The open road and motorcycles go hand-in-hand, and the only thing to make the experience better is adding motorcycle camping to the mix. But, what is the trick to packing camping supplies on a motorcycle or even knowing what gear is essential and what you can leave behind?
The answers are all right here in this complete guide to motorcycle camping. Inside you’ll find:
- Packing lists and tips
- Motorcycle-friendly campgrounds
- Tents or other accessories perfect for motorcyclists
Nothing puts you in touch with your senses more than riding a motorcycle, and spending your evenings under the stars at your campsite will only make it better.
To learn how you can experience the great outdoors in a whole new way, you only need to read the guide below. By the end, you’ll be ready to fill your saddlebags and set your sites on a new destination!
- Motorcycle Camping – What and How to Pack
- THE BAGS
- FOOD and DRINKS
- Best Lightweight and Compact Foods for Travel
- Dealing With Bad Weather
- How to Compact Your Clothing for Travel
- TENT and CAMPING SUPPLIES FOR MOTORCYCLE CAMPING
- Motorcycle Camping Sleeping
- Motorcycle RV Travel Trailers
- Motorcycle Camping Fire and Cooking
- Keeping Your Phone Charged
- WATCH WEIGHT DISTRIBUTION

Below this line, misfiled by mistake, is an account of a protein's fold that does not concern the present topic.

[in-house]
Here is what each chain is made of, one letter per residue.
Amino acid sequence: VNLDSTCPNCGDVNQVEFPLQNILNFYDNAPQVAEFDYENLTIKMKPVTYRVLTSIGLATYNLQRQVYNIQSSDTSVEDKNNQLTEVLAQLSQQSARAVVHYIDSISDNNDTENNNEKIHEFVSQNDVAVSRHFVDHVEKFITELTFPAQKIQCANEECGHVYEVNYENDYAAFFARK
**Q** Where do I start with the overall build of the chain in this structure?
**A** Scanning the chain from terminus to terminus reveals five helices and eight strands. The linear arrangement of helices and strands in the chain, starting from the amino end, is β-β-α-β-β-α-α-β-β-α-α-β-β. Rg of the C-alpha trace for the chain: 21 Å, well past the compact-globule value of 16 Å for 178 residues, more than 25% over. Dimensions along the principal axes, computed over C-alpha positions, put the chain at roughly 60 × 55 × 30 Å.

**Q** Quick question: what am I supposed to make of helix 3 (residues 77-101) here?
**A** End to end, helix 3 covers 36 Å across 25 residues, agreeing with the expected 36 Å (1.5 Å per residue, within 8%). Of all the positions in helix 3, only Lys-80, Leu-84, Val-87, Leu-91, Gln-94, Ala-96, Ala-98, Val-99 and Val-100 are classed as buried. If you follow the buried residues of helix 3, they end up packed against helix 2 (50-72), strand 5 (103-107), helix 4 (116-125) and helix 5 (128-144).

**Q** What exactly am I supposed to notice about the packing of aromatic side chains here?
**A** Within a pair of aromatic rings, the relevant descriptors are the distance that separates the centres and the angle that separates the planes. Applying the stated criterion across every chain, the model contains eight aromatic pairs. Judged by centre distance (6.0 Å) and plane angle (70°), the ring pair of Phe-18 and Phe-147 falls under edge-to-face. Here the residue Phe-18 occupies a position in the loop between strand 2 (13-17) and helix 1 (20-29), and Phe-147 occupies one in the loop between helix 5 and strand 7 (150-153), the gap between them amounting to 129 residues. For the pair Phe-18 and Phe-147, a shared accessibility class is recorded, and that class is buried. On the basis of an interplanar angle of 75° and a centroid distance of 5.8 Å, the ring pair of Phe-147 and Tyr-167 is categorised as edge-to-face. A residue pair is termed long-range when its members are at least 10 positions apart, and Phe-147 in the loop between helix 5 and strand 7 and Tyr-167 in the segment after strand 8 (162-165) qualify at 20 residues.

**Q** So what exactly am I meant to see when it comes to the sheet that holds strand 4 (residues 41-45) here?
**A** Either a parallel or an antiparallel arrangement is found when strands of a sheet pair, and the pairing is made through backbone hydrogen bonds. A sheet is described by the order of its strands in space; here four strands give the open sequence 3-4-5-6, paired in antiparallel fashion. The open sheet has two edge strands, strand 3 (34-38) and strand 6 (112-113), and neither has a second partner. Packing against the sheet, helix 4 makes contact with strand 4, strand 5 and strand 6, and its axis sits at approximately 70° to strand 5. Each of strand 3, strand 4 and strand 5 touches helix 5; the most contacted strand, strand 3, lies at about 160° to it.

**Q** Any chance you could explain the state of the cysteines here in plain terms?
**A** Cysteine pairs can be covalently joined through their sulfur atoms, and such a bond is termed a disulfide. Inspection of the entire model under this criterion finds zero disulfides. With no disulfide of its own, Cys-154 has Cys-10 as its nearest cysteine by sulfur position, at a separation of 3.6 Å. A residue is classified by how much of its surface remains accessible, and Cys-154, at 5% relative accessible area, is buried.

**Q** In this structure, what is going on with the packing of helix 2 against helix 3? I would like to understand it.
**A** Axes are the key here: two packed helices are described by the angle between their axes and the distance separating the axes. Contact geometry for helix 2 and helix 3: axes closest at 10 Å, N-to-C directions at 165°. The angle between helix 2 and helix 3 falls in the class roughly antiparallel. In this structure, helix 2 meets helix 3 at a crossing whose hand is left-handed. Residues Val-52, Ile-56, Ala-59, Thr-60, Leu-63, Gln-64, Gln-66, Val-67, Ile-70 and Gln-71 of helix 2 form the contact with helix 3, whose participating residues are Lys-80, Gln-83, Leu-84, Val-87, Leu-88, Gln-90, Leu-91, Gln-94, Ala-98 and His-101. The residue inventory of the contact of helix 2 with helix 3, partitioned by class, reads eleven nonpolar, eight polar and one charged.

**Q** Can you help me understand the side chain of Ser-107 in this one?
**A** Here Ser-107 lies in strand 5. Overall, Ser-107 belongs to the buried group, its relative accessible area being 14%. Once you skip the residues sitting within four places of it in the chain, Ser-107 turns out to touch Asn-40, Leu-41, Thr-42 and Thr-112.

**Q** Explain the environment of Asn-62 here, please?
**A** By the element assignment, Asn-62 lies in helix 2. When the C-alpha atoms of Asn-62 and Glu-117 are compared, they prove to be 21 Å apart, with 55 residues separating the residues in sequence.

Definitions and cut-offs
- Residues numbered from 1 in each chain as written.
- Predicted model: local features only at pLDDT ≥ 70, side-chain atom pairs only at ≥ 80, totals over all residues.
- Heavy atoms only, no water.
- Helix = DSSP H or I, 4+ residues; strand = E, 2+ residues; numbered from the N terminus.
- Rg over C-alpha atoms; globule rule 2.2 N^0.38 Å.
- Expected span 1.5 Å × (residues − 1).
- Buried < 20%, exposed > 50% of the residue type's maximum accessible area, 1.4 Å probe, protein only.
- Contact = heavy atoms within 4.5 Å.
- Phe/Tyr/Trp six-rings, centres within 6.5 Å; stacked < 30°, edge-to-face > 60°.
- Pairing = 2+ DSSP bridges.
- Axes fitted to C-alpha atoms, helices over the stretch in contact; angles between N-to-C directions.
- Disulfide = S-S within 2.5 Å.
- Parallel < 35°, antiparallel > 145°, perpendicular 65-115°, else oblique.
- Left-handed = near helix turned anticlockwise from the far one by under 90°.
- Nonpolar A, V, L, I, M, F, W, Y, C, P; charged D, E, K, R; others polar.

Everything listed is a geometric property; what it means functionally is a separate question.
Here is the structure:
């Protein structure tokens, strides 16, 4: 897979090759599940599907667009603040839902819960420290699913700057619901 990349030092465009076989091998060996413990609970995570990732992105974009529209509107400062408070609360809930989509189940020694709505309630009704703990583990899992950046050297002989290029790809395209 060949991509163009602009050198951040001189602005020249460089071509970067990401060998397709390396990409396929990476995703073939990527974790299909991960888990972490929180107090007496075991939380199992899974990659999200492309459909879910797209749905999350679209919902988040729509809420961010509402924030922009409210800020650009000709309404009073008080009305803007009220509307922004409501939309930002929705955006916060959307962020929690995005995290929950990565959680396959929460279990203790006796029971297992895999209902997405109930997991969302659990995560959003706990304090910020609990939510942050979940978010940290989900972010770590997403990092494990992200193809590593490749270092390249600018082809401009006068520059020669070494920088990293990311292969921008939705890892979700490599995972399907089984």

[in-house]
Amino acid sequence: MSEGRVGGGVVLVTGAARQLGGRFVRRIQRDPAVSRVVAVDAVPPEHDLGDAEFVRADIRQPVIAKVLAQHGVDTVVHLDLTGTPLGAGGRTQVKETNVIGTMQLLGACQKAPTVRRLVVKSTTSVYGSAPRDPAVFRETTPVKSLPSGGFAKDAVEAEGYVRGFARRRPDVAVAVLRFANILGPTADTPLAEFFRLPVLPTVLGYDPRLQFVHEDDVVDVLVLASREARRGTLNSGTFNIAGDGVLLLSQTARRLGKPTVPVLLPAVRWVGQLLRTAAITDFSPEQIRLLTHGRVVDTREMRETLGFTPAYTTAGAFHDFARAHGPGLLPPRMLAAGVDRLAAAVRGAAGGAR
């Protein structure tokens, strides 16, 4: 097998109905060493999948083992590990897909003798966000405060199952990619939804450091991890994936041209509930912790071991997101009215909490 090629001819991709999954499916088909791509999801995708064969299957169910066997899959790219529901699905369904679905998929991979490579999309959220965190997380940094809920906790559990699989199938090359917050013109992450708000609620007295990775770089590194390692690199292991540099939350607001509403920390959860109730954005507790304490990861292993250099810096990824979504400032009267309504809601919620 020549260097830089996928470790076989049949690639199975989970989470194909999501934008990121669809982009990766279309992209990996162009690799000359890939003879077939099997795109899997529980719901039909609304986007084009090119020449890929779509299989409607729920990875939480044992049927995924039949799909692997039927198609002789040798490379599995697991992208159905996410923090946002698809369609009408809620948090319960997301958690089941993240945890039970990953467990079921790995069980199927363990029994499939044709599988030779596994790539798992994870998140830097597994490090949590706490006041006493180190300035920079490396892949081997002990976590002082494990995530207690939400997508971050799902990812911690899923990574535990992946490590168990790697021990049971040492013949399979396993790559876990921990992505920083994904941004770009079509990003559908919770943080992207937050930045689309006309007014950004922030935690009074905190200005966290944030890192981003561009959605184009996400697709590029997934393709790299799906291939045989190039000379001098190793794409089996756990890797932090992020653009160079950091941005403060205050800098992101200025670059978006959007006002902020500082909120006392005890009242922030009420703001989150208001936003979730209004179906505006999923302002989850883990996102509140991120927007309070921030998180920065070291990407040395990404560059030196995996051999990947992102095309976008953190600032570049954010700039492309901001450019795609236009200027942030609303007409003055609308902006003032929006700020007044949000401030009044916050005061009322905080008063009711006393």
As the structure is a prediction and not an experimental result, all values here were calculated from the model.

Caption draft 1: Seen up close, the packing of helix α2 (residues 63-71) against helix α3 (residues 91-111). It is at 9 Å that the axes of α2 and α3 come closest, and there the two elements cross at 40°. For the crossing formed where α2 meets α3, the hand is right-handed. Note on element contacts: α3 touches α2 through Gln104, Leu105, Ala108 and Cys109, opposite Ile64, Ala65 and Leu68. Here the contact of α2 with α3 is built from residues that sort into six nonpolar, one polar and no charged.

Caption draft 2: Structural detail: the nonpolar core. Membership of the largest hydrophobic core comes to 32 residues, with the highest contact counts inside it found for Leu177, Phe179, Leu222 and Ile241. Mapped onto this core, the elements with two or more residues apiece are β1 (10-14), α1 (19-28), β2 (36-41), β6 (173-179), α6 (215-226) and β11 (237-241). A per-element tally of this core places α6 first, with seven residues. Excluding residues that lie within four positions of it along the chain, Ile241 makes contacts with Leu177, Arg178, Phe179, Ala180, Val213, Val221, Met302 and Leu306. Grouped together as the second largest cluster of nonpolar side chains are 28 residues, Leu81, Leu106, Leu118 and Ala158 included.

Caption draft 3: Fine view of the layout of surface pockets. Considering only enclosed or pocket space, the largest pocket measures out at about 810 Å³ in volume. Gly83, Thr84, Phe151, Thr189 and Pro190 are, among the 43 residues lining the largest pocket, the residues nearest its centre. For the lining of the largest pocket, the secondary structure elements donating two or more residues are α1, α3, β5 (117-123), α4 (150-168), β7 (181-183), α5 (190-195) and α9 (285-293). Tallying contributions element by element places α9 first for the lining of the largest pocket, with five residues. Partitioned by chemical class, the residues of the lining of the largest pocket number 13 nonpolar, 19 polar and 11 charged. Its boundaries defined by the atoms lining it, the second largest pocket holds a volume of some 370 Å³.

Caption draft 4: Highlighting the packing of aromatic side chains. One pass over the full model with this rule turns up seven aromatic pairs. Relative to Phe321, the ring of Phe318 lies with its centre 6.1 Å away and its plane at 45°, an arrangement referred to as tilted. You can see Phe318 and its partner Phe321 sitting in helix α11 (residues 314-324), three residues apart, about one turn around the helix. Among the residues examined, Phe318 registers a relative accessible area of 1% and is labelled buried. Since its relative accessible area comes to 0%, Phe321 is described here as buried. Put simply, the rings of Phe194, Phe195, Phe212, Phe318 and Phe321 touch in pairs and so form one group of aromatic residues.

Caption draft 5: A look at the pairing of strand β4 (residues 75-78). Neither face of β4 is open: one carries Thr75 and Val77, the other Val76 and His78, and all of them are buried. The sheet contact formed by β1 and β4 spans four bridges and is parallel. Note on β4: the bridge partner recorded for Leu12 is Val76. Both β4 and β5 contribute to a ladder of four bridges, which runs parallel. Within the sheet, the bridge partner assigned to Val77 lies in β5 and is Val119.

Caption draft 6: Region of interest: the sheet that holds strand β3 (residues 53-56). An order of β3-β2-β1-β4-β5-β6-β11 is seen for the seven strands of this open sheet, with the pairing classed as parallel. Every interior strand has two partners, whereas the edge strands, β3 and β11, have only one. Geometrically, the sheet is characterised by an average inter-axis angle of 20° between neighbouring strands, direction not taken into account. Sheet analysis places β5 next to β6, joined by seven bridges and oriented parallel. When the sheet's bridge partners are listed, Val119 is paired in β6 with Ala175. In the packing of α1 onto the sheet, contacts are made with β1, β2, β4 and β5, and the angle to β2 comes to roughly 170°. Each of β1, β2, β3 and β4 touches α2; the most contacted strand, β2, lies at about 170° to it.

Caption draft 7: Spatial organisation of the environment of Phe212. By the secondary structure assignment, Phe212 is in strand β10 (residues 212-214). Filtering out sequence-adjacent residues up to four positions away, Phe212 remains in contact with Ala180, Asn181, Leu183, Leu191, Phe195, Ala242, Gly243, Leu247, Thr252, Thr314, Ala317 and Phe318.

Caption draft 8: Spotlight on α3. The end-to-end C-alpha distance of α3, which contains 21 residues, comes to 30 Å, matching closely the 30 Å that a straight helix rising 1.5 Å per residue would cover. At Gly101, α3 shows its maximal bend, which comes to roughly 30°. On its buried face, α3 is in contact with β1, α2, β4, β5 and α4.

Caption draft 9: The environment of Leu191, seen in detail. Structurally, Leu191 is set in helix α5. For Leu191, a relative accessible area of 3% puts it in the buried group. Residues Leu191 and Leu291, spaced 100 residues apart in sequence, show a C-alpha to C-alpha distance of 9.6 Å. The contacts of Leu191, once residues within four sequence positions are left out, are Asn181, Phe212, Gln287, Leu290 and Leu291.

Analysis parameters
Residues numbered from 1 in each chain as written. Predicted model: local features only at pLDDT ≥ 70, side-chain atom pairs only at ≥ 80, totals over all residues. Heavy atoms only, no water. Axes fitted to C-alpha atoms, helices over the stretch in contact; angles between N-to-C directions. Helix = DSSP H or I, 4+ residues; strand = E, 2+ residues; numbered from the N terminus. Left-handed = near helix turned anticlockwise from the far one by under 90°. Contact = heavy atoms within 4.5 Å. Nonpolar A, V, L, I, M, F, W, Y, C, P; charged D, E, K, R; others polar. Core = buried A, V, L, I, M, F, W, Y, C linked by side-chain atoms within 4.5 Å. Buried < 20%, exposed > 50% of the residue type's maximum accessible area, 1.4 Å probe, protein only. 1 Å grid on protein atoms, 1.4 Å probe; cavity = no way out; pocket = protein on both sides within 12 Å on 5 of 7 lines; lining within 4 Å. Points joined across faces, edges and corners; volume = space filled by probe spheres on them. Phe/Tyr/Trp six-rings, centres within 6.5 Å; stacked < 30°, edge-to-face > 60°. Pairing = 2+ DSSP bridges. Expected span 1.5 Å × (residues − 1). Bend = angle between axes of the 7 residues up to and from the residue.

- Where to Stay When Motorcycle Camping
- Motorcycle Camping Wrap Up
Motorcycle Camping – What and How to Pack
Let’s assume your motorcycle is serviced and ready for a long road trip. Now you only need to pack camping gear and supplies to get you through your journey.
Next, we break down each supply you’ll need and give tips on simplifying packing so you can keep your packs light and compact.
If you don’t have storage already on your motorcycle for camping, you’ll need to strap on your bags full of supplies and a guide. You can’t just toss on any duffel or backpack; it’ll need to be weatherproof.
The bags from Ortlieb get high marks from motorcycle campers for durability, size, and weather resistance. Moving them from bike to campsite isn’t a worry, as the material is tough and easy to wipe down.
FOOD and DRINKS
Even if your final stop is off the beaten path, it’s imperative that you wait to stock up on food and water to save on space during travel days.
During the planning stage, locate a nearby grocery store to your final campsite where you can shop, so you aren’t searching once you arrive.
If you’re planning a sightseeing road trip where you change locations each night, you can carry a few days worth of food and water for emergency use and enjoy local restaurants or mom-and-pop groceries for daily food and drink requirements.
A large part of travel is getting to experience new people, places, and dining, so if your budget allows it, we think stopping for meals is the way to go. Less to carry and new memories sound like a win-win situation, don’t you agree?
Whether you’re motorcycle camping or in a massive RV, it’s rare to be far from a grocery store or 24-hour Walmart anywhere in the US, so the need to stock up for days of food is unnecessary.